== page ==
Keith Urban's 11th studio album opens with a collaboration, "Out the Cage," featuring Chic guitarist Nile Rogers and country-meets-rap artist Breland. Urban and Breland penned the song together during a writing session in Nashville -- one of four they wrote together that day, in fact.

To The Boot, Urban describes Breland as a "kindred spirit": someone who doesn't pay particular attention to the confines of genres and is game to be a bit experimental in what he does. The two hit it off after Urban cold-called Breland after reading an interview with the up-and-comer.

Below, Urban shares his recollection of his first interactions with Breland, and the story behind "Out the Cage."

I knew about him last year when he put out "My Truck," and then I read an interview online with him a few months back, and I was fascinated by the interview. It was really good interview, and I felt that -- I went, "This is somebody after my own heart. This is someone that doesn't see labels and boundaries and limitations and boxes and stuff, he just creates," and that's that's that's right; that speaks to me in a big way.

So I got ahold of his phone number through some somebody -- just cold called him -- and we talked for, like, 45 minutes, that day -- just effortless on the phone, about music and growing up. He was raised by two gospel-singing parents, and we just hit it off, and I said, "Gosh, anytime you're in Nashville, Breland, it'd be great to get in the studio and see what happens if we write something."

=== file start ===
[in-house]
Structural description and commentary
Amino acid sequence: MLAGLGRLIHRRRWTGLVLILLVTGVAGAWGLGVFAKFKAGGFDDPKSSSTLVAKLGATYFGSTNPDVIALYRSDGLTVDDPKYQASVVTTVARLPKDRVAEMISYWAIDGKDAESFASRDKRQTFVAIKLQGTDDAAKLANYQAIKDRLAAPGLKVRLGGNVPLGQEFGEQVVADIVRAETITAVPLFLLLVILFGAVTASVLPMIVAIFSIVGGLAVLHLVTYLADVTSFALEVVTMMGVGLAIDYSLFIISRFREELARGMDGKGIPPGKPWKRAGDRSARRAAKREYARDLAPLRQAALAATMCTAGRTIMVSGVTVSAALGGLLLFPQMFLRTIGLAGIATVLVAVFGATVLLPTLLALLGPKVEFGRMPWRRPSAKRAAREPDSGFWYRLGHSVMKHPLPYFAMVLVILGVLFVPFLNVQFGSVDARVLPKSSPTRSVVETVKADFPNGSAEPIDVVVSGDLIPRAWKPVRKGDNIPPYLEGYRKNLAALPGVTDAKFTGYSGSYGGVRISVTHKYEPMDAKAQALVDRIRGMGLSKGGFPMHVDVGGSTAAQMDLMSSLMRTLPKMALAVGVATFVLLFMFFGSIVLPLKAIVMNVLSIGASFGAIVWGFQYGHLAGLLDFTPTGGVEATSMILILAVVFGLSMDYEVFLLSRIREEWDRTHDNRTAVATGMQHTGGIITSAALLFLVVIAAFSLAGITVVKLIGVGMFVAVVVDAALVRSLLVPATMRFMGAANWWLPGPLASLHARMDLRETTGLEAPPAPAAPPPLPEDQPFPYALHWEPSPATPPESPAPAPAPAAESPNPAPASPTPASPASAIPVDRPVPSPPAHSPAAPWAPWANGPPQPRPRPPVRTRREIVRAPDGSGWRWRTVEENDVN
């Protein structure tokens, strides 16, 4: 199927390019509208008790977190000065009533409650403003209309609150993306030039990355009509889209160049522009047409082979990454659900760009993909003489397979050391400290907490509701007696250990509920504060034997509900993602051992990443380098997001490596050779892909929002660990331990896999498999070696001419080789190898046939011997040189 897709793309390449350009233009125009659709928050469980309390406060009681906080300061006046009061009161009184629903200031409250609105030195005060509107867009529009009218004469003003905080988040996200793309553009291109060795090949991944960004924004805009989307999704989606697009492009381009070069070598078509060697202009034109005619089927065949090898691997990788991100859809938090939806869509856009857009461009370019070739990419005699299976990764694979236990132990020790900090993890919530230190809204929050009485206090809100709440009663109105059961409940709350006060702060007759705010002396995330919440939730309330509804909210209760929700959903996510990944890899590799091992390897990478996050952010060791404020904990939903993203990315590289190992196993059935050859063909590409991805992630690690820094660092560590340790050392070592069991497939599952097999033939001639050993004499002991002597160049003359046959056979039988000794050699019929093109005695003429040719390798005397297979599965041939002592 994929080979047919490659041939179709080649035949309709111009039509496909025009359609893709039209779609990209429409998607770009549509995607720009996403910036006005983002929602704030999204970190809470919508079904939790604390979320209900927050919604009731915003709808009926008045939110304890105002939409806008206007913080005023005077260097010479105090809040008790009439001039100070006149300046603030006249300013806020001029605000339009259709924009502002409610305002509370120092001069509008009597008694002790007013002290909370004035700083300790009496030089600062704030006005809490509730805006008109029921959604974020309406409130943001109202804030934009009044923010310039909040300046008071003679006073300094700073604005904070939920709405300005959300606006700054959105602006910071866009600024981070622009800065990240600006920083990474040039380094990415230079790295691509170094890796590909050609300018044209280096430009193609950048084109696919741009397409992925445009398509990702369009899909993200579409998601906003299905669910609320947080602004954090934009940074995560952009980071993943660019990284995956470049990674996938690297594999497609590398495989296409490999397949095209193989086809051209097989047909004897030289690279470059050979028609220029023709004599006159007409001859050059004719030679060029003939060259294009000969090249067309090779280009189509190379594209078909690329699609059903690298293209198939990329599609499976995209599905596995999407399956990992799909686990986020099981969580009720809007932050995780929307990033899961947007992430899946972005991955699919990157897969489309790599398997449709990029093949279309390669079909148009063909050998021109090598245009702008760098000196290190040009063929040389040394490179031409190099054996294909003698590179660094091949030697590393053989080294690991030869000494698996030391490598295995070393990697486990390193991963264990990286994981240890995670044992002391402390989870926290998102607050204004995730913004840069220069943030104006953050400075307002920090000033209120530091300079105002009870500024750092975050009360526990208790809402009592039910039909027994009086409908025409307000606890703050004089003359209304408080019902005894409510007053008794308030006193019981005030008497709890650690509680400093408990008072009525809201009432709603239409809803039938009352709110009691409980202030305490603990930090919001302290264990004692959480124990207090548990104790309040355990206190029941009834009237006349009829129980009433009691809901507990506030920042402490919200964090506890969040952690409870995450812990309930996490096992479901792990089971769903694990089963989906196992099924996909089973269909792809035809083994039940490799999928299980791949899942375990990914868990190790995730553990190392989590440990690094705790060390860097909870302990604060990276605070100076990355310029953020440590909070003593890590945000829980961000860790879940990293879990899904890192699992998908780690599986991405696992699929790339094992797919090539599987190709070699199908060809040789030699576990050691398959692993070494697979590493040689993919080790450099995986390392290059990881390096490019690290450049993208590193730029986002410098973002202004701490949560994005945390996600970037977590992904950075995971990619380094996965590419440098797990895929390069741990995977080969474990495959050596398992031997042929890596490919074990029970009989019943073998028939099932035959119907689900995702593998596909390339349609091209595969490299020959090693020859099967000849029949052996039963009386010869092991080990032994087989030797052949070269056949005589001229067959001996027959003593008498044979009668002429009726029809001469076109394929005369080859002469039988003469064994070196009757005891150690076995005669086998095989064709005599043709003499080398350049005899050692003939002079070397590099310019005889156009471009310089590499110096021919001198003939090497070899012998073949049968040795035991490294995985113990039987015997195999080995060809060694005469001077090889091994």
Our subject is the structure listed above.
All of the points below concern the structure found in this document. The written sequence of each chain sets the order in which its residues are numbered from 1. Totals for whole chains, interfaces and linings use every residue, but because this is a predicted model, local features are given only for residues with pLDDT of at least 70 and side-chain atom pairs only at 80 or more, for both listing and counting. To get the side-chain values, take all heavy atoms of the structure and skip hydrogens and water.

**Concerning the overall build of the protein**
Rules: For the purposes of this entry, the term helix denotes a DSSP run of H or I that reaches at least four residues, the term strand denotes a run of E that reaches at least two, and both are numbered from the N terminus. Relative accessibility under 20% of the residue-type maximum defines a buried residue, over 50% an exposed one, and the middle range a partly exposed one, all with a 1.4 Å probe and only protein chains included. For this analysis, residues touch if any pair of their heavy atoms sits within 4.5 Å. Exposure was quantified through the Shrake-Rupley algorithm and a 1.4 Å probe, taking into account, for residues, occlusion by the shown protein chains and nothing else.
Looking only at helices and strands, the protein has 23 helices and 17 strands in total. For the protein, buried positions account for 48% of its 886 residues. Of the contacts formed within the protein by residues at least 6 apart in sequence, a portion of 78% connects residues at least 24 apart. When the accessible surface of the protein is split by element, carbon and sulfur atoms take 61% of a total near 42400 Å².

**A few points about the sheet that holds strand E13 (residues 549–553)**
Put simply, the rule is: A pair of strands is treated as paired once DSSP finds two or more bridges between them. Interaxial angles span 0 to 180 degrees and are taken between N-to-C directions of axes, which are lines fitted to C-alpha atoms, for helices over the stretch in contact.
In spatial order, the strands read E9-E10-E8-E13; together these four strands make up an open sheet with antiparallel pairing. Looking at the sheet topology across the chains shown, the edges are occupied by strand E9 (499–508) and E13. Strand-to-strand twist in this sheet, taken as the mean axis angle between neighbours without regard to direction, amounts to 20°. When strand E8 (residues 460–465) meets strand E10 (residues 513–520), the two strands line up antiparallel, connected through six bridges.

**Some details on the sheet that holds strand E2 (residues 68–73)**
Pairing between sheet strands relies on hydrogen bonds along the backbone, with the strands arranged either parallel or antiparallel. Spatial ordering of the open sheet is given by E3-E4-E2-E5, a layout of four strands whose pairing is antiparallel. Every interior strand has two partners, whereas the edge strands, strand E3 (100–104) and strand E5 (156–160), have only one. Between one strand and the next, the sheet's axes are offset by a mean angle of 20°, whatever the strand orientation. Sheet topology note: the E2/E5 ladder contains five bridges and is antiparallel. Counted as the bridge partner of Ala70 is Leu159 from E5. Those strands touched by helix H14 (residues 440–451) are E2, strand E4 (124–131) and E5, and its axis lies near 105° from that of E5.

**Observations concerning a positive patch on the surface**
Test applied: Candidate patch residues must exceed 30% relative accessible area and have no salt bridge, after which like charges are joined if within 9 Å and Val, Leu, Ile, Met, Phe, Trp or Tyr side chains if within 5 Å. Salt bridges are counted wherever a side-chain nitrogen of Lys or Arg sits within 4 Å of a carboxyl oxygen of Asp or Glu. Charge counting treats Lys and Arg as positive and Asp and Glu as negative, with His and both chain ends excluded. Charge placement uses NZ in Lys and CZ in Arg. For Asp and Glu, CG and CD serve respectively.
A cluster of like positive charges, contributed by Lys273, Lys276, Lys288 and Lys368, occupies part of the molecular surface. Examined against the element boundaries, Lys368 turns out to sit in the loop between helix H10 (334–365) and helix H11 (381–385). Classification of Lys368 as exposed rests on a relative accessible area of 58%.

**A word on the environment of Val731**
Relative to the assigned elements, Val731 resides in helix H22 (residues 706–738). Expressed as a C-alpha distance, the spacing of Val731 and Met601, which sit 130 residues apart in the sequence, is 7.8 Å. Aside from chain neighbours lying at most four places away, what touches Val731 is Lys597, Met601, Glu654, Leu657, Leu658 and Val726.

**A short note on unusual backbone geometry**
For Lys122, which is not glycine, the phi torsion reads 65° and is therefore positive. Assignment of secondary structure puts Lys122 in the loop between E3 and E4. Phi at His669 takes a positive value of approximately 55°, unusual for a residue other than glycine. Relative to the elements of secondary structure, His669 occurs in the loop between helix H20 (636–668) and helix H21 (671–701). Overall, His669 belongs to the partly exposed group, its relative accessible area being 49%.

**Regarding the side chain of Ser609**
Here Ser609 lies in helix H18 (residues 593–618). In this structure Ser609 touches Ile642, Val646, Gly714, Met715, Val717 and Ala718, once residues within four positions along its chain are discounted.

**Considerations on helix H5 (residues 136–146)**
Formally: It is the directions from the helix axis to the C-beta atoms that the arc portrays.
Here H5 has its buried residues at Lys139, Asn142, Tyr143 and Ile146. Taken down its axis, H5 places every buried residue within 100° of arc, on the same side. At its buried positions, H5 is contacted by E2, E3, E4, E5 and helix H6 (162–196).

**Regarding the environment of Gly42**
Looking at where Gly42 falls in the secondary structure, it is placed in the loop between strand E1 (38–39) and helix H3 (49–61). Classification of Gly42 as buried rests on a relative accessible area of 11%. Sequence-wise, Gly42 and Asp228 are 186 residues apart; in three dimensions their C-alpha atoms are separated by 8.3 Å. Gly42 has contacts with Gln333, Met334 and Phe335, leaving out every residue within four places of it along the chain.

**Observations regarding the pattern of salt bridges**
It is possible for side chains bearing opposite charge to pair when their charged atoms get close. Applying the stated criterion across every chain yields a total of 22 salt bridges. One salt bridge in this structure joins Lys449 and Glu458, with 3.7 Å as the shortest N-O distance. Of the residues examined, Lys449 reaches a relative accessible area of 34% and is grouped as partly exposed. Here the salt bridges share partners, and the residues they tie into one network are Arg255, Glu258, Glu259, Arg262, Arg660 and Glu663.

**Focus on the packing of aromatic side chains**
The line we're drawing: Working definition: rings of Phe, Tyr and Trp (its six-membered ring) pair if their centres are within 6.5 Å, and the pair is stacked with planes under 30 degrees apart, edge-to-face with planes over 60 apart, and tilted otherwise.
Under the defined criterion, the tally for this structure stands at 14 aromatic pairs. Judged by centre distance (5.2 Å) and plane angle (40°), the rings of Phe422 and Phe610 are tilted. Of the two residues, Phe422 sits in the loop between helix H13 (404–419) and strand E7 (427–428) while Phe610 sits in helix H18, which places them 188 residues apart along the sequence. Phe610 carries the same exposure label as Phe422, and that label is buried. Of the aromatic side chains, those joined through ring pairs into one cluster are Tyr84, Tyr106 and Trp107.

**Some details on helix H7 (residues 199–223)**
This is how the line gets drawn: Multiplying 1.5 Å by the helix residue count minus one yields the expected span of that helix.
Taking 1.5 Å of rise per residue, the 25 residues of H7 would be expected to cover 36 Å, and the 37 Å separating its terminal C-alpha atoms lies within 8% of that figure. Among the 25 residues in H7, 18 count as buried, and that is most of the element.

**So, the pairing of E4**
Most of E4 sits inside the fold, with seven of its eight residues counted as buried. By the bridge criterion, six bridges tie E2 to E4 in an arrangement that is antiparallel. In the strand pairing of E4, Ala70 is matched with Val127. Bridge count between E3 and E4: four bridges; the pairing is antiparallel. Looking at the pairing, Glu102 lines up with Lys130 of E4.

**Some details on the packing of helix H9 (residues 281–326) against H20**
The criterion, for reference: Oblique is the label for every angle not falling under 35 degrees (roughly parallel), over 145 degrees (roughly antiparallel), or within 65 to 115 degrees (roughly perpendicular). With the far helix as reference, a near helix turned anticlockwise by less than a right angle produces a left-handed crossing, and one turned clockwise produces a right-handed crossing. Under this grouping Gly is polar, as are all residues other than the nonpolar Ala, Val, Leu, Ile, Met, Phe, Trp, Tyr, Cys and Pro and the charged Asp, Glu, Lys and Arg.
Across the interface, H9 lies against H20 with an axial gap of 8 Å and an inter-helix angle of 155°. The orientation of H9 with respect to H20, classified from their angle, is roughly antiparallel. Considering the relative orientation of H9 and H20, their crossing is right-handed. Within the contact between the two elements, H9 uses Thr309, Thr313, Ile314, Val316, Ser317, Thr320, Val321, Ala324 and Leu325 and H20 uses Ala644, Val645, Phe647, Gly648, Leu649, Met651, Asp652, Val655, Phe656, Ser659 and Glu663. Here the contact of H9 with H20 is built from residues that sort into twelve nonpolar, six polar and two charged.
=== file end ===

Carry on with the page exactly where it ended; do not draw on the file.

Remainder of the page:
And this is on a Wednesday afternoon, and he goes, "I'll be there Friday morning." And, sure enough, 9:30AM Friday morning, he had driven from Atlanta -- I don't know what time he left, 5AM or something -- but he was on my doorstep. And we set about writing a song, and then we wrote another one, and we wrote "Soul Food" and we wrote "Out the Cage," and we just clicked. It was fantastic ...

I know when we wrote "Out the Cage," that's a great example of a song that, I know why I'm writing it, I know the perspective I'm coming at it from in my life experience and the things I'm passionate about. [But also,] I know why he's writing it, and that's a different life experience, a different passion, it's a different thrust, and yet, it's all connected: It's all based in this feeling of confinement, whether it's oppression or confinement through all kinds of ways, really.

When we were writing the song, I said, "I really, really want this to be a song that speaks to liberation of all sorts," even if that's somebody in a dead-end job, somebody that's stuck relationship that's going nowhere and they can't get out, someone who's sort of imprisoned in their own mind. You know, that line, "In my mind's eye lies the key that'll open the door / You can't break me, there's a new day coming," is just trying to take back that power inside all of us, to keep pushing outwards and breaking out of any confinement.

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